Power access solutions provider Blockpower is completing the second phase of a major self-consumption electricity project in the Chipinge district of Zimbabwe. The hybrid solar power is for farms owned by Tanganda Tea Company (TTC).
Solar energy is becoming more democratic in Zimbabwe. Companies are relying on this source of electricity generation, which is cheaper to run, to reduce the impact of load shedding on the national electricity grid. With this in mind, farmer Tanganda Tea Company (TTC) has partnered with power access solution provider Blockpower to install power generation systems at its tea production sites in the Chipinge district.
The Johannesburg-based company opted for solar photovoltaic systems with storage, coupled with diesel-powered generators. For the Jersey farm site, Blockpower has completed the installation of a solar PV system with a generating capacity of 1.4 MWp. The solar modules are coupled to an electricity storage system via batteries installed in a locally manufactured container. The system is capable of storing 478 kWh of electricity.
Self-sufficiency in electricity supply
The facility at the Jersey tea production site also operates with an 870 kW diesel generator. The first phase of the Blockpower project saw the installation of a 1.2 MWp solar system at the Tingamira site. This further installation is powered by a 478 kWh battery storage system and an 870 kW diesel generator. The Ratelshoek estate will have the largest hybrid solar power generation system. Blockpower has already installed a 2 MWp solar power plant there.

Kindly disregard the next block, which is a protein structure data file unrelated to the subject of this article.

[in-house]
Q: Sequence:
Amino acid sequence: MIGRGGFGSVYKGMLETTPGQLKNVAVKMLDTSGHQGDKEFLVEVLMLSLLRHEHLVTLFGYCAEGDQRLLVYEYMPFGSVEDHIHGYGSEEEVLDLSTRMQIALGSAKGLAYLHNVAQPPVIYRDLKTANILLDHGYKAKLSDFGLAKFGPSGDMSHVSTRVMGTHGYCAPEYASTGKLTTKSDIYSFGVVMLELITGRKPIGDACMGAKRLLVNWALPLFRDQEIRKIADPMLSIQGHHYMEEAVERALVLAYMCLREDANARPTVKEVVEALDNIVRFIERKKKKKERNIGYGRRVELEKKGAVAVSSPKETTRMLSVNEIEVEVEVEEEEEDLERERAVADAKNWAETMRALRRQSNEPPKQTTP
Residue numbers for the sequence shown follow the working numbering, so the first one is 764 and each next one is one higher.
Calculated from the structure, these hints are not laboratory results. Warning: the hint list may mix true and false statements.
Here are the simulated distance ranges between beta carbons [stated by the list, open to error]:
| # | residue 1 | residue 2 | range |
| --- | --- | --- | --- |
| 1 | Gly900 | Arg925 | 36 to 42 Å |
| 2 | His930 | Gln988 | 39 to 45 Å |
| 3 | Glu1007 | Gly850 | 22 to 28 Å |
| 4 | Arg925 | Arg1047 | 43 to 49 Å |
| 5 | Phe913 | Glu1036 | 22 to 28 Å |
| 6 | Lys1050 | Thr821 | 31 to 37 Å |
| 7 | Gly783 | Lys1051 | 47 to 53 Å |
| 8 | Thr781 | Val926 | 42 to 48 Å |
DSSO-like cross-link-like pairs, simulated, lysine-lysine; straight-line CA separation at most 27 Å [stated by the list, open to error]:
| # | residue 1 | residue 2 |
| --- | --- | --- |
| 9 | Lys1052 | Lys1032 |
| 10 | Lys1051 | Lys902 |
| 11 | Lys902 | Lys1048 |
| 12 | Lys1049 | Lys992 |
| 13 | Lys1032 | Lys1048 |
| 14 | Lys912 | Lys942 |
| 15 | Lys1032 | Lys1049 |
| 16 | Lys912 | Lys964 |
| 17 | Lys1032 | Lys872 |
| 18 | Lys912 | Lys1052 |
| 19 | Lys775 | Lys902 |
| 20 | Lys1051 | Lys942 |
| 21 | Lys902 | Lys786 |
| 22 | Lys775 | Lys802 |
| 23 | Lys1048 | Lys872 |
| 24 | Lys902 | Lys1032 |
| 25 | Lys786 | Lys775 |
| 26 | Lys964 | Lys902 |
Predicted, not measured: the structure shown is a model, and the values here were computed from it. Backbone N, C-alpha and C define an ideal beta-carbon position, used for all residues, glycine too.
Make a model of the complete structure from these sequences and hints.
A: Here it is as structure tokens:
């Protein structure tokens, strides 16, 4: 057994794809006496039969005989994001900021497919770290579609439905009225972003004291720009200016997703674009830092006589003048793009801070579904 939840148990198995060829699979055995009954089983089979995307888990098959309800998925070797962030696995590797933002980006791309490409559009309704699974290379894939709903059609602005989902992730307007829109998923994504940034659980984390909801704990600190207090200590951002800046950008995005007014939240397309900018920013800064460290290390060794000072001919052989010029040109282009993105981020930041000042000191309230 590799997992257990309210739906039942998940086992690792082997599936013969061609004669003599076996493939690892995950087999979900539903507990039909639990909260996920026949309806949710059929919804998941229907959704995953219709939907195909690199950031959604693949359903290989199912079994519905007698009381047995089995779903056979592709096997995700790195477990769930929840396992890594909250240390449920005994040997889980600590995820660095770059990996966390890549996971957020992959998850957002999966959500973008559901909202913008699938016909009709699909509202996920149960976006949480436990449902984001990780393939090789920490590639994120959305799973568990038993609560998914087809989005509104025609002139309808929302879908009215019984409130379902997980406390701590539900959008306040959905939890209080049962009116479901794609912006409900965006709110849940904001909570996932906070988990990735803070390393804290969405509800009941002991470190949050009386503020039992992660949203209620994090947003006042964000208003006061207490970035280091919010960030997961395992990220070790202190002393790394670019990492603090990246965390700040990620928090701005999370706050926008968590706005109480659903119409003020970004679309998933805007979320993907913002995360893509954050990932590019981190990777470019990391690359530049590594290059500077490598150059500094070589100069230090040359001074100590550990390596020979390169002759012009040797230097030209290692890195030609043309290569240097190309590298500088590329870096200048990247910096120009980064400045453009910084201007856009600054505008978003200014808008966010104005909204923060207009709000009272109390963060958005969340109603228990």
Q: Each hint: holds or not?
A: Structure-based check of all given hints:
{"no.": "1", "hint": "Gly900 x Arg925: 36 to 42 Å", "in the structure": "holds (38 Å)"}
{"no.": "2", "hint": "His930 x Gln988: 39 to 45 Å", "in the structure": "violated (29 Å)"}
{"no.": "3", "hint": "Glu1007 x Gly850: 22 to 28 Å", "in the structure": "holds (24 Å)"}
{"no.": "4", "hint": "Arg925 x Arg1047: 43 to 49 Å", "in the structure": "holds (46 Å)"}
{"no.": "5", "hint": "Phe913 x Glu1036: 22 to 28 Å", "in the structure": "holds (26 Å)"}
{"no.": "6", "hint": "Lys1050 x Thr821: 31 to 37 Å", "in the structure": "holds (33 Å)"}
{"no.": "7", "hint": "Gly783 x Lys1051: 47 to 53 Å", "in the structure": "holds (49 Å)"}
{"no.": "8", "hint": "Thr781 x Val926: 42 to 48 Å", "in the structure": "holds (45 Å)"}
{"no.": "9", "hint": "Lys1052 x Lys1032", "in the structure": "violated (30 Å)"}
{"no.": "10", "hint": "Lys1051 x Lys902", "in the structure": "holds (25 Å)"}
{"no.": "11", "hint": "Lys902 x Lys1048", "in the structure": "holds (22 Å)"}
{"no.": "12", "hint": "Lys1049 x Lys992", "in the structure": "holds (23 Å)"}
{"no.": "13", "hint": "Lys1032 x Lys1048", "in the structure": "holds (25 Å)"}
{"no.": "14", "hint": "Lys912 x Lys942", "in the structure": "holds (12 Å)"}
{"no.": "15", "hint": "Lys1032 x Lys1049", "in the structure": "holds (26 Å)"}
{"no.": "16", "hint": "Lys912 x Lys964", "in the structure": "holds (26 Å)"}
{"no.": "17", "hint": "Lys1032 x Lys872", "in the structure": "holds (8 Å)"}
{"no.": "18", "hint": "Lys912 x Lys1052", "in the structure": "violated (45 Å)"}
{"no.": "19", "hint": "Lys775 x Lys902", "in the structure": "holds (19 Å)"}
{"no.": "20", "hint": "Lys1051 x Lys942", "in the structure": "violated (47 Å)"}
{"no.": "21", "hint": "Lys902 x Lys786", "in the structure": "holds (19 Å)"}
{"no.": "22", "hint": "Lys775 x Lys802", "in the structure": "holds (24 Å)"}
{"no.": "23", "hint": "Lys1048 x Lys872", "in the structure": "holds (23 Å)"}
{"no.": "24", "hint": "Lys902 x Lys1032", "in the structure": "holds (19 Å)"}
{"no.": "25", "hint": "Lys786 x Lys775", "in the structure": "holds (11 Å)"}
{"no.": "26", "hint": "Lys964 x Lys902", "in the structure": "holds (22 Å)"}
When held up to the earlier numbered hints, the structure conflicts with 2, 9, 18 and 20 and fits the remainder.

“These systems include both monitoring and control programs. For this purpose, the Universal Power Platform (UPP) from Dhybrid is installed next to a SCADA (Supervisory Control and Data Acquisition) system,” explains the company headed by Kyle Bohnsack. In total, Blockpower has agreed with TTC to supply 4.6 MWp of solar power with 1,440 kWh of electricity storage, as well as 3 MVA of generation capacity from diesel generators.
This is one of the largest self-consumption electricity projects in the agricultural sector in Zimbabwe. Blockpower estimates that the installations will save TTC between 4,000 and 6,000 tonnes of CO2 equivalent emissions over the lifetime of the installations. Above all, the solution allows the farmer to gain autonomy from the Zimbabwean national electricity grid.
Jean Marie Takouleu